Nobody likes getting a facial. Well, some people do, but not many. You suppressing a Tavor? Try this out. Mad Duo
Just the Tip Tuesday: Suppressing the TAVOR
Put the X in FLEX
Mike the Mook
One of our favorite rifles to shoot is the Israeli TAVOR. Since its inception, this rifle has been adopted by over twenty countries in addition to Israel, including Brazil (where it is produced under license by Taurus), Columbia, Cameroon, Ukraine, India, Thailand, Vietnam and Guatemala.
This bullpup has even been showing up in the United States among local SWAT teams such as the Pennsylvania Capitol Police, Nye County sheriff’s Office in Nevada, and the Lakewood, New Jersey, Police Department. Police agencies are choosing it due to its compact size for CQB and ease of storage in a vehicle. It has likewise been proven very popular with civilians as an alternative to the more traditional AR-15 platform.
We picked ours up in late 2013, and from what we had heard from friends who served in the IDF (Israeli defense forces) we thought that it might just replace our beloved AR-15/M4 series as a go-to rifle. While it performed well, it just never completely fit that role for us.
The major downside to shooting the TAVOR is the bane of all who shoot suppressed rifles: hot gases to the face. Some rifle/suppressor combos are worse than others. On the Tavor, the culprit for this is not apparent immediately. The rear of the receiver was solid plastic, the obvious vents were located on the hand guard, but every ten rounds or so, the rifle got uncomfortable to shoot.
We learned this firsthand when Silencershop.com sent us a Gemtech One to review a few years back.
After performing more research on the rifle, we determined that the gas was blowing through the “closed” ejection port cover on the left hand side of the stock. In attempting to make this rifle ambidextrous, the designers must not have considered the use of a silencer, which increases rearward gas pressure.
Luckily a company known as Gear Head Works has a solution for this in the form of a single point sling swivel mount. Company owner Paul Reavis was a fan of the TAVOR from its introduction. He noticed a different type of shortcoming: the factory mounted Quick Detach Side Swivels are not very friendly to a single point sling.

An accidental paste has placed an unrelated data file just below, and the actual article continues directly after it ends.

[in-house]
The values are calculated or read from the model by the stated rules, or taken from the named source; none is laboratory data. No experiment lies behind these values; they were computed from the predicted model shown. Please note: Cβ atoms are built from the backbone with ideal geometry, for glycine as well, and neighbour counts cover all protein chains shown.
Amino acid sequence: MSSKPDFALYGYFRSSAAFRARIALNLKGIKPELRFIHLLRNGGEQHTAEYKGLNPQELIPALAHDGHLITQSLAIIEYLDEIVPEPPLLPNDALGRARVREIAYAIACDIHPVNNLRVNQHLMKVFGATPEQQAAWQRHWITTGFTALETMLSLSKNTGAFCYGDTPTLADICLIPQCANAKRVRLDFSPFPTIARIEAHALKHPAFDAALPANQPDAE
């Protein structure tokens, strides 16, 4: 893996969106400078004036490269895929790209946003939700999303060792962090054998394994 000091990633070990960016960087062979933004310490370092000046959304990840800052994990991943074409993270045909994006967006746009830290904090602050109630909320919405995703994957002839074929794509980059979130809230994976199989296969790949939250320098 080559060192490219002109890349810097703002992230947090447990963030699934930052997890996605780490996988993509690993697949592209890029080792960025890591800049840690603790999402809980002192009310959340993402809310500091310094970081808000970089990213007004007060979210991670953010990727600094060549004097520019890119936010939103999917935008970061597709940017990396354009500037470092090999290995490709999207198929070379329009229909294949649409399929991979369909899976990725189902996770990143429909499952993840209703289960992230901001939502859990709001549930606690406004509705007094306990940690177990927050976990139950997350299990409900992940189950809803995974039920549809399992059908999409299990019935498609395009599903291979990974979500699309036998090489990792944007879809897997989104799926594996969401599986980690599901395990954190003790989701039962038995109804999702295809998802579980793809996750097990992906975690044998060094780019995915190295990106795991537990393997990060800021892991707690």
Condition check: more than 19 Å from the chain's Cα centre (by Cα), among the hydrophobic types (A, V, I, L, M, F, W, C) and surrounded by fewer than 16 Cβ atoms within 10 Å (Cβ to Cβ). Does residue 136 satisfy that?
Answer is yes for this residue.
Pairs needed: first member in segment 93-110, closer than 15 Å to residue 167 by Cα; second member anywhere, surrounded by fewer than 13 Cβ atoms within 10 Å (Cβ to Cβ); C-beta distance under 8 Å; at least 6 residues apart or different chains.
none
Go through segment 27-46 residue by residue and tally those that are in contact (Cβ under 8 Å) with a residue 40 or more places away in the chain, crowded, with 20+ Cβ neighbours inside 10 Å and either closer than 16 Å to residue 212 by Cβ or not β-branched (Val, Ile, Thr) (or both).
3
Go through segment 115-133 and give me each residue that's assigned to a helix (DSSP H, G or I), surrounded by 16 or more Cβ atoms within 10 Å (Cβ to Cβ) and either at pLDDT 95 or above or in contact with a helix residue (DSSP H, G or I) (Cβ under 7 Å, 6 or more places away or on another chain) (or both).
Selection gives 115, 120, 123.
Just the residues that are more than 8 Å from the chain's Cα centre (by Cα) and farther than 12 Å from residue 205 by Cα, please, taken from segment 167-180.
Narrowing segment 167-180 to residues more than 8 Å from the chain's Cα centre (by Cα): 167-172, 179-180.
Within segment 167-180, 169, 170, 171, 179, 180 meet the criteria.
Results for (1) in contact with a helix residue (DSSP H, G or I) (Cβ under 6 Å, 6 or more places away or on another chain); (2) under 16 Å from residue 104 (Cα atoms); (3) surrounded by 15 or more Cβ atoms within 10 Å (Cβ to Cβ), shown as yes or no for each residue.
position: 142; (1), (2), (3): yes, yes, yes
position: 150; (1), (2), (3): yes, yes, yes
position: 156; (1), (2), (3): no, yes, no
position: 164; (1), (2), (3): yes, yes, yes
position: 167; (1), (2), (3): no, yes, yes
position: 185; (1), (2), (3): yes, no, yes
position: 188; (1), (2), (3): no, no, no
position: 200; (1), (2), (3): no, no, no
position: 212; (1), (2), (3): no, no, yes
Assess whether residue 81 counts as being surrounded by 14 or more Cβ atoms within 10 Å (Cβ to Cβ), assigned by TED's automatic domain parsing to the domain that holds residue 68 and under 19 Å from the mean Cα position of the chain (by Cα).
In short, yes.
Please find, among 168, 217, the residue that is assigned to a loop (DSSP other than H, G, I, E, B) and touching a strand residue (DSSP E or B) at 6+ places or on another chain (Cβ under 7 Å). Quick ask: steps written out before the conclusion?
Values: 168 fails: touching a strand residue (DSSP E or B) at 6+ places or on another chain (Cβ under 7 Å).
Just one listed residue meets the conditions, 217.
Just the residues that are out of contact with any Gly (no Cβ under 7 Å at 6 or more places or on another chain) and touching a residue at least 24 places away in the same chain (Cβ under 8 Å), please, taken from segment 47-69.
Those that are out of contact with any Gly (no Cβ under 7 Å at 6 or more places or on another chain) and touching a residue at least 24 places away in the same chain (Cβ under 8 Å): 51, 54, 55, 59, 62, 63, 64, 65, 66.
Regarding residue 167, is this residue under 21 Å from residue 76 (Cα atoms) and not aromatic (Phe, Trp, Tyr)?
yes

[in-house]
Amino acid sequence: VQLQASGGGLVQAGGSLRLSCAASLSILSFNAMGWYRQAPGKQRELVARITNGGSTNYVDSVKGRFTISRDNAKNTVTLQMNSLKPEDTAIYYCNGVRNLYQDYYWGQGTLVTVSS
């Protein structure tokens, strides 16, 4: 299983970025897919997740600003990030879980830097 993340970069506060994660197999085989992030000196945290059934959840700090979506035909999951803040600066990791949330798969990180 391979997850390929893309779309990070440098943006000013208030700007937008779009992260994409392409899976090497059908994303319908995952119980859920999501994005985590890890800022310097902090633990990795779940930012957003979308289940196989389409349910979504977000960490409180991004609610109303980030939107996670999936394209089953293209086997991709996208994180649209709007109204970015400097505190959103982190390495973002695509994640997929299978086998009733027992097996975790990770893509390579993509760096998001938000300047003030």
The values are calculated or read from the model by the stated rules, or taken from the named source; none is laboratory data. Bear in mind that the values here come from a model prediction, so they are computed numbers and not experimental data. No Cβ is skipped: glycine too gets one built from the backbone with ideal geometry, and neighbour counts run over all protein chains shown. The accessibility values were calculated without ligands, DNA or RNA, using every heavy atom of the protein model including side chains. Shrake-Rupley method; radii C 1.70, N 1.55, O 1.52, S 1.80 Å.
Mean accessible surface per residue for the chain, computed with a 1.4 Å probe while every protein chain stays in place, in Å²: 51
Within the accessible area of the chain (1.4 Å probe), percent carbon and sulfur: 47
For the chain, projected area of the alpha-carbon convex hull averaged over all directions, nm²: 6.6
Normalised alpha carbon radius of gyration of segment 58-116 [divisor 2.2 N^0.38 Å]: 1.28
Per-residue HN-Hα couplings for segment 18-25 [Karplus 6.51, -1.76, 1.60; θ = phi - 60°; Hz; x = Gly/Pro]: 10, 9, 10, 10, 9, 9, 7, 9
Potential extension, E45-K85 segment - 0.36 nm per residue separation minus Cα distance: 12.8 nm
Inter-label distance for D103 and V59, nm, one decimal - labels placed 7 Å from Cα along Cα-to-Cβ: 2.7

Reavis devised a mount known as the Fulcrum Located Extra Swivel or the FLEX that replaces the factory ejection port cover on the stock. It securely clamps directly into the receiver with a very close fit inside the ejection port window.
The FLEX works on either side of the rifle and can be mounted with the swivel socket forward or to the rear. It is hard anodized billet aluminum for extreme durability and is the perfect balance point for a single point sling.
Additionally, this device closes off the gaps in the unused ejection port side that allows the gasses to hit the shooter’s face. He sent us a sample and after ten minutes of disassembling the rifle and installing the FLEX we were ready for a prolonged session of suppressed firing.
The FLEX does not make the rifle any quieter, but it was definitely more pleasant to shoot and is only one of a number of innovative devices produced by Gear Head Works for the TAVOR. It’s not a $.10 solution like gasket sealer or duct tape, but for $56.99, you get to solve two issues with this otherwise fine rifle, particularly if you like to run your rifles quietly.
If you’re looking to suppress your TAVOR and avoid a full facial you might give it a shot.
Mike the Mook
Mad Duo, Breach-Bang& CLEAR!
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About the Author: Mike “the Mook” Searson is a veteran writer who began his career in firearms at the Camp Pendleton School for Destructive Boys at age 17. He has worked in the firearms industry his entire life, writing about guns and knives for numerous publications and consulting with the film industry on weapons while at the same time working as gunsmith and ballistician. Though seemingly a surly curmudgeon shy a few chromosomes at first meeting, Searson is actually far less of a dick and at least a little smarter than most of the Mad Duo’s minions. He is rightfully considered to be not just good company, but actually fit for polite company as well (though he has never forgotten his roots as a rifleman trained to kill people and break things, and if you look closely you’ll see his knuckles are still quite scabbed over from dragging the ground). You can learn more about him on his website or follow him on Twitter, @MikeSearson.